Optimization: Journey vs Destination

4 min read

Even though modern computing hardware is getting faster by days, the performance of a software starts to be treated as a feature. Optimization effort, whether it is for mobile applications or for high-volume web sites, generates tons of jobs in the industry. Squeezing the last drops of performance becomes a hot trend.

What I learn from several large-scale software projects is that optimization should be treated as part of the journey. It is not a goal per se, your destination is not to reach the intended performance criteria. If we draw the quadrant of maintainable vs optimized code, we may end up like the following diagram. Note that the dichotomy does not always apply in real-world; for this purpose however, it does illustrate the point.

In the beginning…

Obviously, the dream of every software team is to produce a very readable code which also performs magically well. This may not be always the case, in particular because not every engineer is a rock star. High performance code that is also easy to follow is an ideal case and if you can hit that on the first attempt, keep up the good work.

Another scenario is where you start from a clean implementation of a concept. This version follows the design faithfully, it does resemble the vision of the product. Since it comes pretty much fresh from the specification, the code is optimized for conformance and not necessarily for speed. At this point, the fun with the optimization begins. Steps are taken to ensure that the performance is getting some improvement along the way. This is the journey denoted with the the green arrow in the above diagram.

An equally challenging starting point is when there is already a fantastic piece of code which runs extremely well. However, that code is badly written, hard to digest, not well commented, or simply unmaintainable (or worse, the combination thereof). This often happens as the organization adopts a foreign library, e.g through an acquisition. The usual clean-up kicks in and the code will be refactored so that it adheres to the new hygiene, as depicted by the blue arrow in the illustration.

The final possibility is when you have to deal with the worst state: incomprehensible and dog-slow. In this case, either rewrite everything from scratch or do a massive review so that it reaches some sensible state before even trying to optimize anything.

Incremental is the new black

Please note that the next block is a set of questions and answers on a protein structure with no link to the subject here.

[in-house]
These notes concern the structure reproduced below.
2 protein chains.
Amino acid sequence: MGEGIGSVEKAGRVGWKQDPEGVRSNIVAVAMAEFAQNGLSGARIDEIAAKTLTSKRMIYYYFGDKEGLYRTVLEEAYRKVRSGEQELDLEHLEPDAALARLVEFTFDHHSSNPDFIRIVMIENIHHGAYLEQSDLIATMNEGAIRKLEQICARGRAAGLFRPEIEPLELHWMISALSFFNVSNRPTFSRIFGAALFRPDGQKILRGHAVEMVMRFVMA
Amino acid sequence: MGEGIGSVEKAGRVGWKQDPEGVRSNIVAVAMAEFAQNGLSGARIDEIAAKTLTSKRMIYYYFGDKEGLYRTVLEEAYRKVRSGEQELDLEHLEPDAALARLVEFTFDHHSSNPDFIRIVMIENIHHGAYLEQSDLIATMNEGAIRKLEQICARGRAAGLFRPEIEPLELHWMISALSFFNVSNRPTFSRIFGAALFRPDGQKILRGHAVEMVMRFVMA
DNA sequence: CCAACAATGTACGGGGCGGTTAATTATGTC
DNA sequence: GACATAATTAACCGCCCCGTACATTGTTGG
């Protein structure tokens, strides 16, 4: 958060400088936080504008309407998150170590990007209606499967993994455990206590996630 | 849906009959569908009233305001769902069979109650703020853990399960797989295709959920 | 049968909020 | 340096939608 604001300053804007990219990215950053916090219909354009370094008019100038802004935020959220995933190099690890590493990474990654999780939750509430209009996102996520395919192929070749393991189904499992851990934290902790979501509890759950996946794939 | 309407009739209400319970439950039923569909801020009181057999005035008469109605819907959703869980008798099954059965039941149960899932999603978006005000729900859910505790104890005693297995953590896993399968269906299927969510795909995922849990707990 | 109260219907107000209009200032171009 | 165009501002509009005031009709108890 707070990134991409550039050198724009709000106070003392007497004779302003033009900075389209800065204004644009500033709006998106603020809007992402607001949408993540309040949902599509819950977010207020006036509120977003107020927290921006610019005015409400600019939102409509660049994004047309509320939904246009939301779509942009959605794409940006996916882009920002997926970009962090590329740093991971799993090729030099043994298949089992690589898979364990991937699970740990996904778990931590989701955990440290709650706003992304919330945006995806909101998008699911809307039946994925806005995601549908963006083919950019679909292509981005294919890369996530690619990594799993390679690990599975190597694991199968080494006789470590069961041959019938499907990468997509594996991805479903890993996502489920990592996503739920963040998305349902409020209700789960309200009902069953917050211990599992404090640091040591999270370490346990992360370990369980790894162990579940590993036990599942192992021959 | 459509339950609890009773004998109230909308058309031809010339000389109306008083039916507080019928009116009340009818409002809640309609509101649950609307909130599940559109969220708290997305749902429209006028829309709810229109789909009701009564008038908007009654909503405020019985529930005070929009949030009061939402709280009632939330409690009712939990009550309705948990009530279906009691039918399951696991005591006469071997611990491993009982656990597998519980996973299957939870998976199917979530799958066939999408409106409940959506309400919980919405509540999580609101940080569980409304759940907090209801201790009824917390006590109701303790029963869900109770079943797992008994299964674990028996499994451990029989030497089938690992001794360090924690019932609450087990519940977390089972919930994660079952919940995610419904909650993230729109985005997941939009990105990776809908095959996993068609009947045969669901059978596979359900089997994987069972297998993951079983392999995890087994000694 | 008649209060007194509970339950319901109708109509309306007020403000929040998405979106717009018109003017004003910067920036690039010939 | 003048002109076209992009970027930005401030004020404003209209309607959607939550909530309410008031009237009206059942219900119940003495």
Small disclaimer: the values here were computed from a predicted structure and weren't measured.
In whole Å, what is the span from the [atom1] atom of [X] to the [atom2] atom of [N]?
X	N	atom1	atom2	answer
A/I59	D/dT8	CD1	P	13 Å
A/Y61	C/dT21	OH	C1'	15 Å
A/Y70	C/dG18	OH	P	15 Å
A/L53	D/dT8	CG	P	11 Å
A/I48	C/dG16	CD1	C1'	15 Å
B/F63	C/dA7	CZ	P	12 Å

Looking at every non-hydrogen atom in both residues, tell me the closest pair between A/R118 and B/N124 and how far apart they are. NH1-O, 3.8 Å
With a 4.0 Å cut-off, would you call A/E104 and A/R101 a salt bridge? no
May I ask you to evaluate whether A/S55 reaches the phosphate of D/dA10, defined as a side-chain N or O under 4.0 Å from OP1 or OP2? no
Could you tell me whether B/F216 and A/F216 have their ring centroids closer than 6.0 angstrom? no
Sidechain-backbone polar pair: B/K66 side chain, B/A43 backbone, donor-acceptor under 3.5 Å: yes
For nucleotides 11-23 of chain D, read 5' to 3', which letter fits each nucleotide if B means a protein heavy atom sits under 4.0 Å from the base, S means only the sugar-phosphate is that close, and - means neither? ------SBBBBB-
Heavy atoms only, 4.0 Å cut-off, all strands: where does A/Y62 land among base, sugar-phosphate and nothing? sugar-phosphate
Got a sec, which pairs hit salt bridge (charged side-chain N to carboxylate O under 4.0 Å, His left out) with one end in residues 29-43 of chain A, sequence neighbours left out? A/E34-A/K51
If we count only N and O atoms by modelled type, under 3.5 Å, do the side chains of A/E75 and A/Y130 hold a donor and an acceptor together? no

In the previous two starting points, performance improvement is very often designed with some specific goals in mind. It can’t be a vague objective, it needs to be reproduceable and measureable. The typical strategy is to create a performance test suite which acts as the benchmark baseline. Every attempt to speed-up various aspects of the application must ensure that the benchmark score increases. Thus, it’s also equally important to have the representative tests in that benchmark suite, something that resembles real-world usages from the customer and not just some synthetic setup.

Generally, it’s a good practice to have a series of small commits than huge change that touches everything. For performance improvement, this gets even more important. Many optimization tricks are about compromise. Over the time, the compromise changes and therefore it is imperative to revisit again all the hacks which have been done to fulfill the obsoleted compromise. This activity is possible only if every single tweak is isolated and easily accounted for. Undoing and redoing a big commit which may or may not impact different parts of the application is a risky move. Not only that, but the technology and the environment very often improve with time. For example, JavaScript developers were used to the trick of caching array length:

var i, len;
for (i = , len = contacts.length; i < len; ++i) {
    // do something

These days, JavaScript engines are smart enough to understand this case and the non-cached version will perform equally well.

If you start from the performant-but-unreadable quadrant, iterative clean-up will reveal how far you can sacrifice the performance to gain future maintainability. Again, a trade-off must be set. For example, are you willing to have 5% penalty by changing this code fragment into something which is easier to review?

void hsv_to_hsl(double h, double s, double v, double* hh, double* ss, double *ll)
    *hh = h;
    *ll = (2 - s) * v;
    *ss = s * v;
    *ss /= (*ll < = 1) ? (*ll) : 2 - (*ll);
    *ll /= 2;

Over the time, the readability scale can change as well. If everyone becomes really good at mastering the language, the above construct may become very natural and therefore it is OK to keep this form and abandon the longer version.

Dropping a 500-line patch with a comment such as “Rewrite, 3x faster now” is not a recommended act in today’s craftsmanship standard. Record the optimization steps in a logical series of check-ins which also mirrors your train of thought. Think of other people, and that also includes the Future version of you!

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